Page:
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The European Securities and Markets Authority (ESMA) recently released its 2020-22 focus plan detailing how the agency will try to integrate a joint regulation of cryptocurrencies in the European Union.
The paper doesn’t necessarily display in detail the actual plans of the regulator, but it does have several mentions of possible adjustments in how crypto information is handled by relative member states.
The European Union is no stranger to cryptocurrency regulations. Almost every major member state has installed a custom framework for governing digital assets. However, there is no joint legislation that dictates a similar approach to cryptos in the region.
According to ESMA, it is extremely important that the regulation is agreed upon by every member state so that the open borders of the European Union are not jeopardized with illegal activity on the blockchain.
What aspects of the crypto industry will be targeted?
As mentioned, it’s very unlikely for ESMA to target anything technical regarding cryptocurrencies or ban any ICOs, IEOs or STOs coming to the market in the future. However, it will most likely target the way crypto trading information is handled in the European Union.
Arguably, the best model currently belongs to the United Kingdom, which permits any and all crypto activities in the country but requests additional information from local crypto companies every now and then.
In order for the companies to operate in the country, they need to agree that they will provide trader information, no questions asked.
This all boils down to the safety of Bitcoin trading. This applies not only to trading BTC in the UK but also all over the world, and how the cryptography of the blockchain is handled. For example, in order for the regulatory authority to receive traders’ information, the crypto exchange itself needs to break some of the core values of the blockchain, which is anonymity – not personal information infringement.
However, in order to satisfy these regulations, the exchanges are forced to have a copy of a user’s private key so that they have access to transaction data. According to this guide to cryptocurrency, the private key cannot be replicated, meaning that it is a 100% guarantee that a specific transaction belongs to a specific customer. While the public key reveals information about the transaction, it doesn’t necessarily display all of the information about the trader.
Most of these data-gathering processes are disclosed in the KYC page of crypto exchanges.
Although it seems like quite a lot of work from the exchange’s side, more and more governments all over the world are starting to be interested in a similar request.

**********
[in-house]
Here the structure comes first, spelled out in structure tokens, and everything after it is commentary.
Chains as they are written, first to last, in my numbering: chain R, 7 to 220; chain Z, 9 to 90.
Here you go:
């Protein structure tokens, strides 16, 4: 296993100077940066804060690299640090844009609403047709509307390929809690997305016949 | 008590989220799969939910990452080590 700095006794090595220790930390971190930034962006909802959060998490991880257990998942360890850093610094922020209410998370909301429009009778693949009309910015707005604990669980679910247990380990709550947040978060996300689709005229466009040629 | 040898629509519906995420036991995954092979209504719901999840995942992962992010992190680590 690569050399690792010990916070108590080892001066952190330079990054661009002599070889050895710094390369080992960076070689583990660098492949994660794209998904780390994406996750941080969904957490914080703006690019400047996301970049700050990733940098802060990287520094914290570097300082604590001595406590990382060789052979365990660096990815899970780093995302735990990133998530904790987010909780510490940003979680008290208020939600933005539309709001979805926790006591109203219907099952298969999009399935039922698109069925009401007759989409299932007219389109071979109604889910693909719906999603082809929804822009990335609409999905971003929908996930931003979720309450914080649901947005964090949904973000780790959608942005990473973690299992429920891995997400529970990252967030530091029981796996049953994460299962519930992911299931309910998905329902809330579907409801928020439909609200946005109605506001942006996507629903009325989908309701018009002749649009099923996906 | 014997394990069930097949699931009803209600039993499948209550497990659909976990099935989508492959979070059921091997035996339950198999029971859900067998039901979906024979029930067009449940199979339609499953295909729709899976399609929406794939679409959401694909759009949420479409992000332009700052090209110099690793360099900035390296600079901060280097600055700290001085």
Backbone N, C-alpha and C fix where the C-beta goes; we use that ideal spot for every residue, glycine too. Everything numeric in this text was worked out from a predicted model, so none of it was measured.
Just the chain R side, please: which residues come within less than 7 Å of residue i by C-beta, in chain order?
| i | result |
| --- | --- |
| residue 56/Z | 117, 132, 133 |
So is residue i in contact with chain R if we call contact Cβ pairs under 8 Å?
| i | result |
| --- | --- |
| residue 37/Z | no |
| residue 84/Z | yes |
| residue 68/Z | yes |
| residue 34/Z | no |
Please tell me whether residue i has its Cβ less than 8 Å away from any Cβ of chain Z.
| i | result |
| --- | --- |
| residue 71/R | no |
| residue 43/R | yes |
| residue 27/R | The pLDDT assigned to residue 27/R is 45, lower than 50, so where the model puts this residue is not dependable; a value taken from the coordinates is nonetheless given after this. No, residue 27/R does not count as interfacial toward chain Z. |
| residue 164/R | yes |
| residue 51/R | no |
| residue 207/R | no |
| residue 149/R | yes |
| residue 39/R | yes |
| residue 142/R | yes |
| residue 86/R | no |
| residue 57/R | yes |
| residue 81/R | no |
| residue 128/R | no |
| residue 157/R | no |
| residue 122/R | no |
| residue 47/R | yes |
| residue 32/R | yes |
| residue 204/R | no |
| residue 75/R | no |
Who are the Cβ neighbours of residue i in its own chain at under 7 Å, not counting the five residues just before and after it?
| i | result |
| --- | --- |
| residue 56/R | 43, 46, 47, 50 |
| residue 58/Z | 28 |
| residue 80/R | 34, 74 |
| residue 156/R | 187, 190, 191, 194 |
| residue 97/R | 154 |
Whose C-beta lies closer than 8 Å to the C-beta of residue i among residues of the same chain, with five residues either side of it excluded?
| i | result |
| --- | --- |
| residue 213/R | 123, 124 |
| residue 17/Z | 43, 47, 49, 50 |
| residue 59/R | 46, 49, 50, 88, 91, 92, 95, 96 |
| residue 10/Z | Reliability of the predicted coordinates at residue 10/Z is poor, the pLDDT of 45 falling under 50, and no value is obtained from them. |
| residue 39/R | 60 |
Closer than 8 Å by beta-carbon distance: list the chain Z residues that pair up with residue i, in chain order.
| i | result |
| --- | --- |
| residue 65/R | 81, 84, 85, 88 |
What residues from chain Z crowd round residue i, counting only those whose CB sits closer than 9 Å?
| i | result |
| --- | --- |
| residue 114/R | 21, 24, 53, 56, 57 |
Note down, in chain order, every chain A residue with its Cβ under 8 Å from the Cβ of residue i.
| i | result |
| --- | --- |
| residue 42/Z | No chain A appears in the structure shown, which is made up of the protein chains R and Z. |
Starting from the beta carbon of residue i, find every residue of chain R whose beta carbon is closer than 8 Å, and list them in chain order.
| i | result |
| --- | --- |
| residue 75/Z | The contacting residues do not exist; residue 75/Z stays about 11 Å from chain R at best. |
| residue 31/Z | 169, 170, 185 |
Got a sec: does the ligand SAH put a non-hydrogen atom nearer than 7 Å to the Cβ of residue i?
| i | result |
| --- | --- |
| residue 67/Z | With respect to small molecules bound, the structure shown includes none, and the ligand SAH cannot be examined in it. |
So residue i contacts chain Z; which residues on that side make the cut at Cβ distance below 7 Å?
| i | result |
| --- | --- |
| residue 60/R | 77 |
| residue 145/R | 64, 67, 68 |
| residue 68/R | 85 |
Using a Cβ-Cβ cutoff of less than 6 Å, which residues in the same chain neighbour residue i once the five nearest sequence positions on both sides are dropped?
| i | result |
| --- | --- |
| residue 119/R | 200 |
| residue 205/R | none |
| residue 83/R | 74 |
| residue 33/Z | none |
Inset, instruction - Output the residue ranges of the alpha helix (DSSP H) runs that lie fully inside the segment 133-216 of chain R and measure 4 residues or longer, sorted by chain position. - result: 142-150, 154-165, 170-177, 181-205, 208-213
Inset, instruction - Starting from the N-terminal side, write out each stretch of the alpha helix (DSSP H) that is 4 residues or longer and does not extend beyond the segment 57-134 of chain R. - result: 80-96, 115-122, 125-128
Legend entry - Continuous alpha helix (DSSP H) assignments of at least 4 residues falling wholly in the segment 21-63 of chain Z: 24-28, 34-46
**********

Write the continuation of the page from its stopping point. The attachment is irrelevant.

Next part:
In general, though, it’s pretty obvious that ESMA does not want to place a ban on cryptocurrencies in any way, but wants to make them a lot safer in the eyes of local investors and regulators. In order to do so, it will need additional information on how the assets are being traded on a day-to-day basis, for which it will have to draft new legislation and distribute it among member states, hoping that it will be approved.
What ESMA could potentially ban
The European Securities and Markets Authority is not necessarily known for being forgiving or light. In fact it’s known to be quite stern when it comes to implemented laws and regulations about a specific financial market.
Take Forex as an example. The regulator was more than happy to exclude this industry from extensive regulations simply because there was more than enough information provided, not counting the investor security protocols that brokers were using in their business models.
However, we do remember how hard it was for CFD brokers in the region. Margin trading for CFDs was almost nonexistent in the region. The leverage for cryptocurrencies was reduced to just 1:2, making it almost useless to trade crypto CFDs on traditional platforms.
Binary options were removed from the European markets for good reasons. But considering the unpredictability of cryptocurrencies, paired up with its immense volatility, there’s always a chance for crypto CFDs to resemble binary options in the future.
ESMA may take precautionary measures and protect European investors from being lured into this rabbit hole. The FCA in the United Kingdom had already voiced the idea of banning crypto CFDs but didn’t necessarily did so due to serious issues surrounding Brexit.
Speaking of which…
ESMA’s commitment to regulating cryptocurrencies on an EU-wide scale comes just a few weeks after the Tory victory in Britain. This victory pretty much cemented the fact that Brexit was going to happen without any further delays.
This gave the regulator enough legal clarity to exclude the United Kingdom from the regulatory precautions, thus focusing primarily on the existing member states.
The most likely outcome is that the FCA will start focusing on custom agreements with EU member states on the exchange and registration on crypto platforms. If not, then the only other alternative is to give cryptocurrencies a specific classification so that already existing laws will start applying to the asset.
Nevertheless, whatever happens, ESMA is definitely going to go through with their 2020 plan of bringing cryptocurrencies into the regulatory fold. The regulator has never made an announcement promising regulatory changes and abandoned the idea mid-execution.
The likeliest time we will see a draft for crypto regulation is Q2 of 2020, when cryptos are predicted to be the most active due to the upcoming Bitcoin halving event.
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